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US Terror Suspects Deny Al-Qaida Connection

The five young American men arrested on suspicion of terrorism in Pakistan last month say they were actually planning to travel to Afghanistan to help fellow Muslims.

Appearing in court on Monday, the men denied charges they made contact with al-Qaida or other militant groups and that they were planning attacks in Pakistan. Some said they wanted to provide medical supplies and financial aid to Afghans.

However, the Associated Press reports that as the men entered the courthouse in the eastern city of Sargodha, one of them said, "We are not terrorists...We are jihadists, and jihad is not terrorism."

The court ordered the men to be held another two weeks so police can have time to prepare their case. Police have alleged the men were trying to make contact with banned militant groups to launch a terrorist attack inside Pakistan.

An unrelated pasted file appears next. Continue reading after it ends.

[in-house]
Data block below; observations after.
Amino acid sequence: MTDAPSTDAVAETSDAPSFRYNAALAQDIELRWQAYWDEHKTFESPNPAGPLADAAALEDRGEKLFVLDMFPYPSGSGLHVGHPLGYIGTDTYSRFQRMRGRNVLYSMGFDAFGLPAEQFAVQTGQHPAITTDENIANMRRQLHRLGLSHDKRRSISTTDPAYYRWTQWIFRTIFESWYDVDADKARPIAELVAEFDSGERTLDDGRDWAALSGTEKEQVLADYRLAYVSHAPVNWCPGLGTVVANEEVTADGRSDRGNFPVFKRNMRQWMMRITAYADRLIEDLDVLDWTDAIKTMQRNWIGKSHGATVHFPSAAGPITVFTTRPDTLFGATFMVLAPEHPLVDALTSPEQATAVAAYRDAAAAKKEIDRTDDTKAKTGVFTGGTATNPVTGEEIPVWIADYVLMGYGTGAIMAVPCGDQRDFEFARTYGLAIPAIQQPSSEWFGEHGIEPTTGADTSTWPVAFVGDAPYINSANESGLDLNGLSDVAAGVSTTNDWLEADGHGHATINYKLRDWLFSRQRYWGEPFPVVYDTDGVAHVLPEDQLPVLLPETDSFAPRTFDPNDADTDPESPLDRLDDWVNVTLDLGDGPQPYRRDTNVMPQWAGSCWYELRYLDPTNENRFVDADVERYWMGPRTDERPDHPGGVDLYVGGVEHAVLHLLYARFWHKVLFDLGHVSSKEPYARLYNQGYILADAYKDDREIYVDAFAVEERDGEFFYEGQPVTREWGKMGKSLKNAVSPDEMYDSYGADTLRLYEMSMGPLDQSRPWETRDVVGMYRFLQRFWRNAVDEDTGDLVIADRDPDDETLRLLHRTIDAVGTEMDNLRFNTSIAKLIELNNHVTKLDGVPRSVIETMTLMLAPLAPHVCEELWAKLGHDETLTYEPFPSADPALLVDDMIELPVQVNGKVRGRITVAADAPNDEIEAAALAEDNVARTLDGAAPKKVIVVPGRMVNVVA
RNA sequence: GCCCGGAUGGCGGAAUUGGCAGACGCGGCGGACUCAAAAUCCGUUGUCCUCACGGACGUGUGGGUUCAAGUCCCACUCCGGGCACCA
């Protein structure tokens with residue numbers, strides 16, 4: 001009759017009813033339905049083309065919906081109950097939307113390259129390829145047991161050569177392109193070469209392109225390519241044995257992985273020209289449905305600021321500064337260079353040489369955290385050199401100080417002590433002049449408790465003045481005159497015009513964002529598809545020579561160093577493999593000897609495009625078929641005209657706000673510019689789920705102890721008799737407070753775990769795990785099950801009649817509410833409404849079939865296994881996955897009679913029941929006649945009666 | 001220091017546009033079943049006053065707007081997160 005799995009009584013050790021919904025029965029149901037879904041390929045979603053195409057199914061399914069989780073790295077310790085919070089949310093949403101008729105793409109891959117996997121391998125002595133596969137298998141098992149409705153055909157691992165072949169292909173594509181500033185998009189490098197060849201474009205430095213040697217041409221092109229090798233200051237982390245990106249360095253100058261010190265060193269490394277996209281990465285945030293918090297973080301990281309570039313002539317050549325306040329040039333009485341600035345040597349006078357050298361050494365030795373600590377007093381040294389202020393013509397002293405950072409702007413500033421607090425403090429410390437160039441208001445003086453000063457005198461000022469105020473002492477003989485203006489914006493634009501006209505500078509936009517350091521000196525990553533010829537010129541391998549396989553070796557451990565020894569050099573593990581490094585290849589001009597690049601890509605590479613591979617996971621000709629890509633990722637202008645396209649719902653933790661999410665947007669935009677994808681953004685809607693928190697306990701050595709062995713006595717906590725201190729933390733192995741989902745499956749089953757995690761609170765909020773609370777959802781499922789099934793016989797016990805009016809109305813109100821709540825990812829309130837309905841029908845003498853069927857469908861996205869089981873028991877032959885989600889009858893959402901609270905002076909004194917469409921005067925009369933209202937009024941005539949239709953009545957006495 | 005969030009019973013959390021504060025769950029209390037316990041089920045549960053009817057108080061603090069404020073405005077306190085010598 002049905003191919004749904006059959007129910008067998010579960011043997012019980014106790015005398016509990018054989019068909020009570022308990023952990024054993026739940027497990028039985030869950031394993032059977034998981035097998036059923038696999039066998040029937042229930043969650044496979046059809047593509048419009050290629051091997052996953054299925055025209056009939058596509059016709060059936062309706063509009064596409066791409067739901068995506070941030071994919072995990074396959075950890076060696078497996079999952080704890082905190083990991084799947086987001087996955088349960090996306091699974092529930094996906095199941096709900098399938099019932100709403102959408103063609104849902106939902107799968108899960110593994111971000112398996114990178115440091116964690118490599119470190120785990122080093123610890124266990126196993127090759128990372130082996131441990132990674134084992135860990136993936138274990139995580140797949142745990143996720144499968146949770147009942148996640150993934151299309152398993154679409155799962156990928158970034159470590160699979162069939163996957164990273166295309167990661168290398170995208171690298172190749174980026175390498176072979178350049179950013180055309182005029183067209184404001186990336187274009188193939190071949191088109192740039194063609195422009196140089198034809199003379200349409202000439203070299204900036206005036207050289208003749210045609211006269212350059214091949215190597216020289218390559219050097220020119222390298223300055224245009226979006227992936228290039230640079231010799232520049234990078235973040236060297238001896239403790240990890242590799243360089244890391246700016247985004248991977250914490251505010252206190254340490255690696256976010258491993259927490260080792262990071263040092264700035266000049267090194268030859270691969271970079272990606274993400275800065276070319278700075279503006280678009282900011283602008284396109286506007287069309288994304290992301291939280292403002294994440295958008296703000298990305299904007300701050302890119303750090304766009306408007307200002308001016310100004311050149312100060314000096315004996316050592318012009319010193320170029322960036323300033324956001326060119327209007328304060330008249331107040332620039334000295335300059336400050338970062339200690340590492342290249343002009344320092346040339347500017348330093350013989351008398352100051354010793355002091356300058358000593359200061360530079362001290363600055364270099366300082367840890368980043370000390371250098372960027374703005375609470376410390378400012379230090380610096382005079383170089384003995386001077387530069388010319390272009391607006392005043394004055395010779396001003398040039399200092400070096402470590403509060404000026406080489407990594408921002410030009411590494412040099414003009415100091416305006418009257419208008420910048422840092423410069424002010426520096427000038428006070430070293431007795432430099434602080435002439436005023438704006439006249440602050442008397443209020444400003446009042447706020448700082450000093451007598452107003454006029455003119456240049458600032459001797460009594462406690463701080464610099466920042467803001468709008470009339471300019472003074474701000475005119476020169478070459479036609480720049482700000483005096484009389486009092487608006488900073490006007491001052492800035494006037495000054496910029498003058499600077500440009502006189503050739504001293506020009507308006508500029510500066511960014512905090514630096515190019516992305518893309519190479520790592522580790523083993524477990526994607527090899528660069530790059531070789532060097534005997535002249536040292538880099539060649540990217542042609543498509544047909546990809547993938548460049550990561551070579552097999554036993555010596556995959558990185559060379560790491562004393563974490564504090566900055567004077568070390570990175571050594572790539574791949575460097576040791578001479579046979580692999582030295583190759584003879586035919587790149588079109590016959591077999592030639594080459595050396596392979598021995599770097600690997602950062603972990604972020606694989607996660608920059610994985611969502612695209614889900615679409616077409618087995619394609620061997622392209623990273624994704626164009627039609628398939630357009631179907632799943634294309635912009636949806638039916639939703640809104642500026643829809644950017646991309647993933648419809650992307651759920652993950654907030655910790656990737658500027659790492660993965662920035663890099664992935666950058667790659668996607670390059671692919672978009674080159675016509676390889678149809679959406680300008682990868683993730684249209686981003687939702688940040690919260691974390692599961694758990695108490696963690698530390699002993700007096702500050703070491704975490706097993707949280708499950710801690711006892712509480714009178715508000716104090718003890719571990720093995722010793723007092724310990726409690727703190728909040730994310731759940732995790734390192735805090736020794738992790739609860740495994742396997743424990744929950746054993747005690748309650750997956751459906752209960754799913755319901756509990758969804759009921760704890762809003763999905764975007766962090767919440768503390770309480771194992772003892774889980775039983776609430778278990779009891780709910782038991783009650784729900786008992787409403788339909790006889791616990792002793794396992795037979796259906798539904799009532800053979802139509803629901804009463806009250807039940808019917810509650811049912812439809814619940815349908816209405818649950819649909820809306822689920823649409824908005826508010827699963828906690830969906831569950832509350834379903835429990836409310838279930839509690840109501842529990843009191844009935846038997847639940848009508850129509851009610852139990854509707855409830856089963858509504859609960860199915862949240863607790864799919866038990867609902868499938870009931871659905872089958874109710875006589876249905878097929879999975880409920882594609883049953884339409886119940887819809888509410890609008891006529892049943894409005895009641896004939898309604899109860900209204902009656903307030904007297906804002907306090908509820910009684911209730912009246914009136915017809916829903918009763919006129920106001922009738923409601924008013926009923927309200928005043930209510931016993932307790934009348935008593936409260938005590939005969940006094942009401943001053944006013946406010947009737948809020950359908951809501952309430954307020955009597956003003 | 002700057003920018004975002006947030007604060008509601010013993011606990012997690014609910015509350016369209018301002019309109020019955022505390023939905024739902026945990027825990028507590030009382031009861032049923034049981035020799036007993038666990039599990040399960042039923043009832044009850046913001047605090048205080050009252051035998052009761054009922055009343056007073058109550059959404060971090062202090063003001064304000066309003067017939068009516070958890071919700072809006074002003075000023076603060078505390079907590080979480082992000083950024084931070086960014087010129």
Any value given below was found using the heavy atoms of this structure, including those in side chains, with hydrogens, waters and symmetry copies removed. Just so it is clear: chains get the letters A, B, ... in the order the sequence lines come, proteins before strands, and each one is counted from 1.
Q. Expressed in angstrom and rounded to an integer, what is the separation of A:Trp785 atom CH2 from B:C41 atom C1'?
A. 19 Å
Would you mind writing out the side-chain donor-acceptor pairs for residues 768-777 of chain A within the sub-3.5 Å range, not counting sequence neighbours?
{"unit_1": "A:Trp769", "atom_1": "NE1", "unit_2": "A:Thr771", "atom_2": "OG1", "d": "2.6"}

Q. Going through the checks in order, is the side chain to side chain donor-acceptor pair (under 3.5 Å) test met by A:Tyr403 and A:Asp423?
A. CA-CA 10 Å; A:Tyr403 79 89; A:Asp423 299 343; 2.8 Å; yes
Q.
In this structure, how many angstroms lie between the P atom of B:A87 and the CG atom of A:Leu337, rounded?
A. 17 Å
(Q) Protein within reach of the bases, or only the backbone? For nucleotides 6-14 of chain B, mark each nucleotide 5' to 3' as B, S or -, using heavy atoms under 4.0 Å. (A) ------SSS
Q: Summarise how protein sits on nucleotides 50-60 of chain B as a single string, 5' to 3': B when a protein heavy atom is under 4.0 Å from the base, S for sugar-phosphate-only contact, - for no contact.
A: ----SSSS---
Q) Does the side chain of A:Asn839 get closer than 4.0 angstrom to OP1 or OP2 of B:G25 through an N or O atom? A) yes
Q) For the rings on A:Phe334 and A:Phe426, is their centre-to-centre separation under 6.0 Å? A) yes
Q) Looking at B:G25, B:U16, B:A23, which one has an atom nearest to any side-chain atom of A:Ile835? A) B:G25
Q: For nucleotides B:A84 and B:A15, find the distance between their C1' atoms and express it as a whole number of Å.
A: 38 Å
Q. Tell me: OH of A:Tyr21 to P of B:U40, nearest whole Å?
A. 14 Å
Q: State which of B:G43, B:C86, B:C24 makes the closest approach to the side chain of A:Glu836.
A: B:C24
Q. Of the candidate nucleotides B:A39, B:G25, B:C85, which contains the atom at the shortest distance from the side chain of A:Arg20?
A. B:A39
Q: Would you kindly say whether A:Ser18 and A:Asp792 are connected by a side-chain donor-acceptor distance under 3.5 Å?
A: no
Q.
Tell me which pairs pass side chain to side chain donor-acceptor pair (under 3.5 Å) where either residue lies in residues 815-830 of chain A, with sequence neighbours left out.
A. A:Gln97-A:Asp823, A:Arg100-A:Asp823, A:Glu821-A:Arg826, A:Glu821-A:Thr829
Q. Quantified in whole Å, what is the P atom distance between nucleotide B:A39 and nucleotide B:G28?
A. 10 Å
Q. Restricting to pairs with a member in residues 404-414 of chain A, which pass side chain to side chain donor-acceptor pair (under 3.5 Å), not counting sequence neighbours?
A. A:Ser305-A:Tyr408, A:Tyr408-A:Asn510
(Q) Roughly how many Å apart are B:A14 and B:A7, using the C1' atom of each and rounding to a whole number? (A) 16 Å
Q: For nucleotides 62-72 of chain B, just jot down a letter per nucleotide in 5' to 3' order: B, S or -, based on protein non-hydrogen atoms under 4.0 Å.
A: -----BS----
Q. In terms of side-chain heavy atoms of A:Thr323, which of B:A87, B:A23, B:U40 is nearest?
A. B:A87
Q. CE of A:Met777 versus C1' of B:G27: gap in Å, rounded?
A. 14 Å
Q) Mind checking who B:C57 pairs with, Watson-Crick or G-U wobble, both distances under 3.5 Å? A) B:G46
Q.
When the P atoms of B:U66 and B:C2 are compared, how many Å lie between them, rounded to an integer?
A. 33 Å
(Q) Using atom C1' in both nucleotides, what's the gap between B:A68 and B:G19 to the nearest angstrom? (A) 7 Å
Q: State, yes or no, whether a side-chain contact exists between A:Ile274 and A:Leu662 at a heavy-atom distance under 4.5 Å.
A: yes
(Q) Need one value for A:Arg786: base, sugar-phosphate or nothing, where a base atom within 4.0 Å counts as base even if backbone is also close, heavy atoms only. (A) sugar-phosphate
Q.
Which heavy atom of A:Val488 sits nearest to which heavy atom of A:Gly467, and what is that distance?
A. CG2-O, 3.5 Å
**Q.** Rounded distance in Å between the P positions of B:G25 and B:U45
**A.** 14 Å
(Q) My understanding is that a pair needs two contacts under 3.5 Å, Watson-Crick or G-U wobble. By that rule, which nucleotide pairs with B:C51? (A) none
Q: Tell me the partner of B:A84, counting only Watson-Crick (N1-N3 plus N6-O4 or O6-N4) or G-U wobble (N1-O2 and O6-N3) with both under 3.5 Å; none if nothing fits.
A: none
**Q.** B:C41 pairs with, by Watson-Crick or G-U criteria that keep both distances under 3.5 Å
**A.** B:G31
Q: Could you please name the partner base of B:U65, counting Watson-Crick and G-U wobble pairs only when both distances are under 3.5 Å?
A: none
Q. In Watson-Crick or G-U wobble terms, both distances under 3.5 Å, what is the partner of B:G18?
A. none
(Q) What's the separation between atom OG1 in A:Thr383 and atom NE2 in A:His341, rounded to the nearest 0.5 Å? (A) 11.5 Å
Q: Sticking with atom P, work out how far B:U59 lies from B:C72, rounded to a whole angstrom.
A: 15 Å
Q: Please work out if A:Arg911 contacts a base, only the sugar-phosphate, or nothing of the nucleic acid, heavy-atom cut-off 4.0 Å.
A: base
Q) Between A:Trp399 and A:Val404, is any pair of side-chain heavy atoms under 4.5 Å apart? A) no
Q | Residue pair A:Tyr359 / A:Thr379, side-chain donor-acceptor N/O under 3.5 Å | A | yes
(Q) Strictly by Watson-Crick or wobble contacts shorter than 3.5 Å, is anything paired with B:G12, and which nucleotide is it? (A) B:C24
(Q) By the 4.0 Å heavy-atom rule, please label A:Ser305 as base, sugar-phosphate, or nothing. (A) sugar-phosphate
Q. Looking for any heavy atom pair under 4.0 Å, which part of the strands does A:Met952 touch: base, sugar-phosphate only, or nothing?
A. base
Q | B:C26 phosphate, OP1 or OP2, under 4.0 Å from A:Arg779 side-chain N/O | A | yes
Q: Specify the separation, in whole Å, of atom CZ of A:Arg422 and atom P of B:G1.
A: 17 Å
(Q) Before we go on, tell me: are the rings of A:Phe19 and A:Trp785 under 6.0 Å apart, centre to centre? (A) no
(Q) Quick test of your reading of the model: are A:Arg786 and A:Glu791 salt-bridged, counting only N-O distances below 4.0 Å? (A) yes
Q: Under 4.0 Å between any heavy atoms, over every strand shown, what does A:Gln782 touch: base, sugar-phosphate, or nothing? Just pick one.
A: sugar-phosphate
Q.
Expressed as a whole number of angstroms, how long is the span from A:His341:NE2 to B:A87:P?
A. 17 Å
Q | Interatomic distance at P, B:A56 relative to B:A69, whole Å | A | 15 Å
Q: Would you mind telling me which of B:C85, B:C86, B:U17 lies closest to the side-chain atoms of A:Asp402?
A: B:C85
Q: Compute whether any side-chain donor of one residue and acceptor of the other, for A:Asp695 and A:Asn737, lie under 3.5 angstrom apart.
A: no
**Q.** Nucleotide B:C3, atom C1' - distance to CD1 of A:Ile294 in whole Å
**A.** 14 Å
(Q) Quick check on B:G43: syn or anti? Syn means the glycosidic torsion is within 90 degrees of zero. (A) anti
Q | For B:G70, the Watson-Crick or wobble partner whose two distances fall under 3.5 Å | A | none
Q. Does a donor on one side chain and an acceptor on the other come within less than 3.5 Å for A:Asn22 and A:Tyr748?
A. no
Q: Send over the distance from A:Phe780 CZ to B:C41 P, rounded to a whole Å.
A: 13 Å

Pakistani police have said they plan to ask the court to press terrorism charges, carrying life sentences.

The Americans, all from the Washington, DC area, were arrested at the home of a leader of the banned militant group Jaish-e-Muhammad (Army of the Prophet Muhammad) near Sargodha in early December. The group has ties to al-Qaida.

Police say the men used Internet sites to try to contact militants in Pakistan before traveling there from the U.S. in late November.

A U.S. civil rights group representing Muslims, the Council on American Islamic Relations, said the men made a "farewell video" with the message that Muslims must be defended.

Some information for this report was provided by AP, AFP and Reuters.